Gypsum casts are empty spaces (or secondarily-filled cavities) in sedimentary rocks that match the monoclinic form of gypsum crystals (CaSO4á2H2O). They demonstrate that the original sediments were deposited in a supratidal evaporitic setting. Seawater-soaked sediments quickly dried out after the tides receded. Dissolved minerals in the water precipitated to form crystals in the sediments.
In the case of the gypsum casts shown below, the original gypsum crystals dissolved away (gypsum is fairly soluble), leaving crystal-shaped gaps in the rock (originally a dolomitic mud).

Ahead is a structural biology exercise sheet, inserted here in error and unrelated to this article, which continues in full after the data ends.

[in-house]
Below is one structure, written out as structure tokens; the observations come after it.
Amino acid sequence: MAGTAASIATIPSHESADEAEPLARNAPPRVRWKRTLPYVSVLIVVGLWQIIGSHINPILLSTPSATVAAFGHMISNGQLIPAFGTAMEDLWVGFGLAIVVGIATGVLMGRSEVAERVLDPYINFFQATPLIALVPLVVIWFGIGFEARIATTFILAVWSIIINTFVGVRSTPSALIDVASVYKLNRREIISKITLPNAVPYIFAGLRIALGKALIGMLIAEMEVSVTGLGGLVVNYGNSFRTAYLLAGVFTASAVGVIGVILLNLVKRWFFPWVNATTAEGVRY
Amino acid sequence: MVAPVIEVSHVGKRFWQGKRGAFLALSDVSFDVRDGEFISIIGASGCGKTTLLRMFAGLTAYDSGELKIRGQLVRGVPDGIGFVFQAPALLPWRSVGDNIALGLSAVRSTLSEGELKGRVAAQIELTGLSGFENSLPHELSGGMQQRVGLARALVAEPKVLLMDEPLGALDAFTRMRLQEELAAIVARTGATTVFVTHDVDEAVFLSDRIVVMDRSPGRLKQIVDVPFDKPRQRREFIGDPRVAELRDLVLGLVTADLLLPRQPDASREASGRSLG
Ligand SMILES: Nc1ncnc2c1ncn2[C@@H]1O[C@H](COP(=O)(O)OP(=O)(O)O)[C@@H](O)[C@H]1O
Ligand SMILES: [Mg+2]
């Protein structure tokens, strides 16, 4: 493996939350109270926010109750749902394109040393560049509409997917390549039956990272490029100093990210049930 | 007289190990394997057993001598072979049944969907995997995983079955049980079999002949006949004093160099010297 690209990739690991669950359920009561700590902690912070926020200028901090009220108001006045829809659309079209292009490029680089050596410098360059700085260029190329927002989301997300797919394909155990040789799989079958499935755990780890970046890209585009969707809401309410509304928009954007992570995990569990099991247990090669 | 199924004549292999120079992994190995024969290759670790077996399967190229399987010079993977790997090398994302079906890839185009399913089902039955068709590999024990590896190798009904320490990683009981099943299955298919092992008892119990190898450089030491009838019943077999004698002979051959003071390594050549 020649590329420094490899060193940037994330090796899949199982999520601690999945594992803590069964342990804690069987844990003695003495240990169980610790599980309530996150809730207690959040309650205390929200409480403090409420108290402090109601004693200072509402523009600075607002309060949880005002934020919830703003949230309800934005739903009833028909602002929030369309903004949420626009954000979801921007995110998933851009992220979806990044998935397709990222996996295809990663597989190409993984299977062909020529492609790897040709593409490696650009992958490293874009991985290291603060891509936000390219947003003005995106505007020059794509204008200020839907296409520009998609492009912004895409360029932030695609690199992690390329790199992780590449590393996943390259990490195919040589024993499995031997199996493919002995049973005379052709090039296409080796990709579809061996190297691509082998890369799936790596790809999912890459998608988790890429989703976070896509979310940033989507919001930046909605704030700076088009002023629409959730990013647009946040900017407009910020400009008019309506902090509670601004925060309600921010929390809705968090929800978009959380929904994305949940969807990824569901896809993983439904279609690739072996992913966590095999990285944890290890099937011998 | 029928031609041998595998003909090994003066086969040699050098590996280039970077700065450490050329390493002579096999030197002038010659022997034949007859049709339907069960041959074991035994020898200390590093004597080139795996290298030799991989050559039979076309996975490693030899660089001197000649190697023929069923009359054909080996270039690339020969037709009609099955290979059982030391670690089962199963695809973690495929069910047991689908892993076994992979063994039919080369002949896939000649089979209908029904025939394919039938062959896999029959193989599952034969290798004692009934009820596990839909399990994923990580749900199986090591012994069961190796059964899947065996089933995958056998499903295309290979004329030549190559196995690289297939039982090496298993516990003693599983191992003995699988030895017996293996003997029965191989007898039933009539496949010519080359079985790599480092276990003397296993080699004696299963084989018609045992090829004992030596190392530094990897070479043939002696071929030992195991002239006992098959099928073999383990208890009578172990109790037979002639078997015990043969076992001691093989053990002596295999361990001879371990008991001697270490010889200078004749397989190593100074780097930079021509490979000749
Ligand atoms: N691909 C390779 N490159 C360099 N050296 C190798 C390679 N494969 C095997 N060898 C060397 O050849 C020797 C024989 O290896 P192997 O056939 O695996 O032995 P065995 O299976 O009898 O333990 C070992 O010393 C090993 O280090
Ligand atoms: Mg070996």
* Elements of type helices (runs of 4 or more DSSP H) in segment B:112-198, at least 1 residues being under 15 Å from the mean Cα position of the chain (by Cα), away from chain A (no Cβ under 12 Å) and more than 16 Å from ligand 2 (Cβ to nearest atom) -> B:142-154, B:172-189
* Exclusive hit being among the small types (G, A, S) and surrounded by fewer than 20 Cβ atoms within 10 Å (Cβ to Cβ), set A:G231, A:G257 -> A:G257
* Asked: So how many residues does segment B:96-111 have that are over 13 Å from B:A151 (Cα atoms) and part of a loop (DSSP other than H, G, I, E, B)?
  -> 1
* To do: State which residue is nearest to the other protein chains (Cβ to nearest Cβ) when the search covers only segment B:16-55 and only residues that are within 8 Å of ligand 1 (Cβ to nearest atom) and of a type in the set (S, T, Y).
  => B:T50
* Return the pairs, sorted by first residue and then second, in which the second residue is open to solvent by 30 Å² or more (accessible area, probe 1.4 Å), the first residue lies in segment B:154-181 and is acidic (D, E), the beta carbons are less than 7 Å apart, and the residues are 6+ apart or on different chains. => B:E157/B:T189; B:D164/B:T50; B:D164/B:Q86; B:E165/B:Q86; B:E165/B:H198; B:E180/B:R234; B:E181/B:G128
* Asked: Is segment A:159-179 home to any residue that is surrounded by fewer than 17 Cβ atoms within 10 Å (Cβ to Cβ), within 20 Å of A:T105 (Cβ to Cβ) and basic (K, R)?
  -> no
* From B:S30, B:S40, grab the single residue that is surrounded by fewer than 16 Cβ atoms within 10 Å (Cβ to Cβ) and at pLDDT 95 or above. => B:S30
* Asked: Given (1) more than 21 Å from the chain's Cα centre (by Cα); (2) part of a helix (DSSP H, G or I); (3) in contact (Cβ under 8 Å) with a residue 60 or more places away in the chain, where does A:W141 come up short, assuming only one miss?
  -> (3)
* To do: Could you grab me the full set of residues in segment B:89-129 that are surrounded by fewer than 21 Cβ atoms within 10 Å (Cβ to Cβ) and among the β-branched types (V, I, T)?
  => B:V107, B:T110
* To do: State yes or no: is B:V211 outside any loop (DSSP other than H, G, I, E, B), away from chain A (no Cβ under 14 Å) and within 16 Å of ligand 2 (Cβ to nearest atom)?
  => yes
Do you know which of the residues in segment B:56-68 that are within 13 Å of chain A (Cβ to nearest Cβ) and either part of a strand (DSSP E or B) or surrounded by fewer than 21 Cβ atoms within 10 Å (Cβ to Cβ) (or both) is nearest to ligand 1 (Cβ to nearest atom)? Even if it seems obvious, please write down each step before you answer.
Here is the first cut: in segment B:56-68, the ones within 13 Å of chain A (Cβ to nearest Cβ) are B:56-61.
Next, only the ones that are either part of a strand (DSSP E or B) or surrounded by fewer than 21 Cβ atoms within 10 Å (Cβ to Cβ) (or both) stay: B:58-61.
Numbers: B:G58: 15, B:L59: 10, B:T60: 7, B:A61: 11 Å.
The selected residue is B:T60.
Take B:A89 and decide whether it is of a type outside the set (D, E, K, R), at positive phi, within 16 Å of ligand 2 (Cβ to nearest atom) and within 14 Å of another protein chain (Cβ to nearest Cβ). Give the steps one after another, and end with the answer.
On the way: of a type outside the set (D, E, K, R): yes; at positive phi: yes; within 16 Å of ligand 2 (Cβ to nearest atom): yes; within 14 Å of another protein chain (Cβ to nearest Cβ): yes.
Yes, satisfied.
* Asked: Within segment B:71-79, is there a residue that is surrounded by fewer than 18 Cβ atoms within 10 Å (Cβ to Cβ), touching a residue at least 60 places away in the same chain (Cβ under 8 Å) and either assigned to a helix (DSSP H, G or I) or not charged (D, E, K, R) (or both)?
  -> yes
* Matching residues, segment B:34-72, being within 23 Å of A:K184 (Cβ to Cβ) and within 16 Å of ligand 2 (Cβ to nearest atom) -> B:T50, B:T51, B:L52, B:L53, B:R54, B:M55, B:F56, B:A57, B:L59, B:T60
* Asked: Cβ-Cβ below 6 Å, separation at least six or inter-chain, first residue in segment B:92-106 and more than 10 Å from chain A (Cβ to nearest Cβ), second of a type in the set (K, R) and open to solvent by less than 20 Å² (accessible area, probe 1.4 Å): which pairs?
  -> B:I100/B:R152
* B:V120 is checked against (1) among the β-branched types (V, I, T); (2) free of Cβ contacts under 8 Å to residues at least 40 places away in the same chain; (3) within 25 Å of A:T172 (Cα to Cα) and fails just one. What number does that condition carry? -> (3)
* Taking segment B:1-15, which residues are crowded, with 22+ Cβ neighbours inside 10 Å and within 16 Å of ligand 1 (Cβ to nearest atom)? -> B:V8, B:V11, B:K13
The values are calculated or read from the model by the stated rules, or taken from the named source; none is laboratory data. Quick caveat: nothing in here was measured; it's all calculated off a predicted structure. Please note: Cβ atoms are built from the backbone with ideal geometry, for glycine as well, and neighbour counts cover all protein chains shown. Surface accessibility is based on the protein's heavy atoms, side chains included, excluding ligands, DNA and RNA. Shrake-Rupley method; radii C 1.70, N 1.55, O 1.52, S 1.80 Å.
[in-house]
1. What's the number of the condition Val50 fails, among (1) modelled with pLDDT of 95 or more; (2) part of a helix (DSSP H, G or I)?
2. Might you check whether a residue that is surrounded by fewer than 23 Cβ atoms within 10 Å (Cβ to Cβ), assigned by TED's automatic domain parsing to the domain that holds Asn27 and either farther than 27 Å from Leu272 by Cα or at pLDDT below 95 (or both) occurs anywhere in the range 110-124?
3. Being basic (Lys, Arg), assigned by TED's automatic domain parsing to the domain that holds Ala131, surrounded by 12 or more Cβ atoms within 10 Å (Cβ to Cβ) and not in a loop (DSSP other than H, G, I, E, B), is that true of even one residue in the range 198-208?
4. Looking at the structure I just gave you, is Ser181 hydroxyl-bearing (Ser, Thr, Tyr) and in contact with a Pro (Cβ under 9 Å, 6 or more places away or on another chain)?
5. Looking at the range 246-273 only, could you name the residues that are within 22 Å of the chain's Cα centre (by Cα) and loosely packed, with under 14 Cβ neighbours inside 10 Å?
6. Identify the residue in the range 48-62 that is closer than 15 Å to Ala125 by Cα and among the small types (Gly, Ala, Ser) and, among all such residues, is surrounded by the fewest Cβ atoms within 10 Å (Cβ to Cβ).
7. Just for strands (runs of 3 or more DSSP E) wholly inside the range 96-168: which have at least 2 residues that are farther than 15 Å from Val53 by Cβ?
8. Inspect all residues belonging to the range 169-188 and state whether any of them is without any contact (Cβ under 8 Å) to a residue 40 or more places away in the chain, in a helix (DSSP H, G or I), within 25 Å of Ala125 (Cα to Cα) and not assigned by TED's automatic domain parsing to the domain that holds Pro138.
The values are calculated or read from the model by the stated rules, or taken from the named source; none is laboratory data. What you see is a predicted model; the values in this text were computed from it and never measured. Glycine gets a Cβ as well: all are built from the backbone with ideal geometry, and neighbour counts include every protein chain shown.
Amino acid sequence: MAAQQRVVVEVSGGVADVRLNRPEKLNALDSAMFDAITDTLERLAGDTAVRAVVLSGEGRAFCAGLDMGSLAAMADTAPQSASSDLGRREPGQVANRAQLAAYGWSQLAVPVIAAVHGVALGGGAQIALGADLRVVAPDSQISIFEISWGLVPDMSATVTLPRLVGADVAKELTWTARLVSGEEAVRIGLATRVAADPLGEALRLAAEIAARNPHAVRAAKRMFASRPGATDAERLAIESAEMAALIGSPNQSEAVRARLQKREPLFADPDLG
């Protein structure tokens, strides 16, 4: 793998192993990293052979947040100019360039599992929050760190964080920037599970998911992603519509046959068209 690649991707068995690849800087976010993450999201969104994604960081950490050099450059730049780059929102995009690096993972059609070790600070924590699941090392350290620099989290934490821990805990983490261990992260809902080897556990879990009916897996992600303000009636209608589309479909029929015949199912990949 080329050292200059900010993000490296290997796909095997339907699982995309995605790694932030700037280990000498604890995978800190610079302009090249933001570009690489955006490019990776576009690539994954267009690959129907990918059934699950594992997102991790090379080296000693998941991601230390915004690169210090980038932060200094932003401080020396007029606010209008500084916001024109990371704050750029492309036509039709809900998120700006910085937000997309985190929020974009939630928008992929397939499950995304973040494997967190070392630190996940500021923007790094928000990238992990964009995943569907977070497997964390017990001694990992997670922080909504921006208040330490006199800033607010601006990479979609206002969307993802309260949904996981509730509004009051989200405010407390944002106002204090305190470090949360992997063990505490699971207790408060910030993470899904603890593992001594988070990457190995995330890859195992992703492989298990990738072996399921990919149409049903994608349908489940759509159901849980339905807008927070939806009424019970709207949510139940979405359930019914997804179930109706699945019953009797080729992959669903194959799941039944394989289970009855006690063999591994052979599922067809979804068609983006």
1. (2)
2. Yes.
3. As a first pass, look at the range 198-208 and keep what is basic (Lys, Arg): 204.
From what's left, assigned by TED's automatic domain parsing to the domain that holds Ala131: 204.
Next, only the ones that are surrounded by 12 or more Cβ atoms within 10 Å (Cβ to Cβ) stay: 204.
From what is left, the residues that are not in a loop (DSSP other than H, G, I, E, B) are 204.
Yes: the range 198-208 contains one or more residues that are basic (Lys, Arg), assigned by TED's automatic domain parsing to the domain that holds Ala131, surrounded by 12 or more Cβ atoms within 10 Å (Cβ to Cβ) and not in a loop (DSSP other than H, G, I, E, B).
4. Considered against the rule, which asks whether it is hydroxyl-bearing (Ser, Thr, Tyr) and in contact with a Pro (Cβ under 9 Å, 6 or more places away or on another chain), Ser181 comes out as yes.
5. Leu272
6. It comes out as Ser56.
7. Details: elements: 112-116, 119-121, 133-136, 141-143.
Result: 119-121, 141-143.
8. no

Gypsum casts (field of view ~2.2 cm across) in weathered silicified metadolostone (Kona Dolomite, Paleoproterozoic, 2.20-2.29 billion years) from northern Michigan (Co. Rd. 480 roadcut, Ragged Hills, SW of Marquette, Upper Peninsula of Michigan, USA).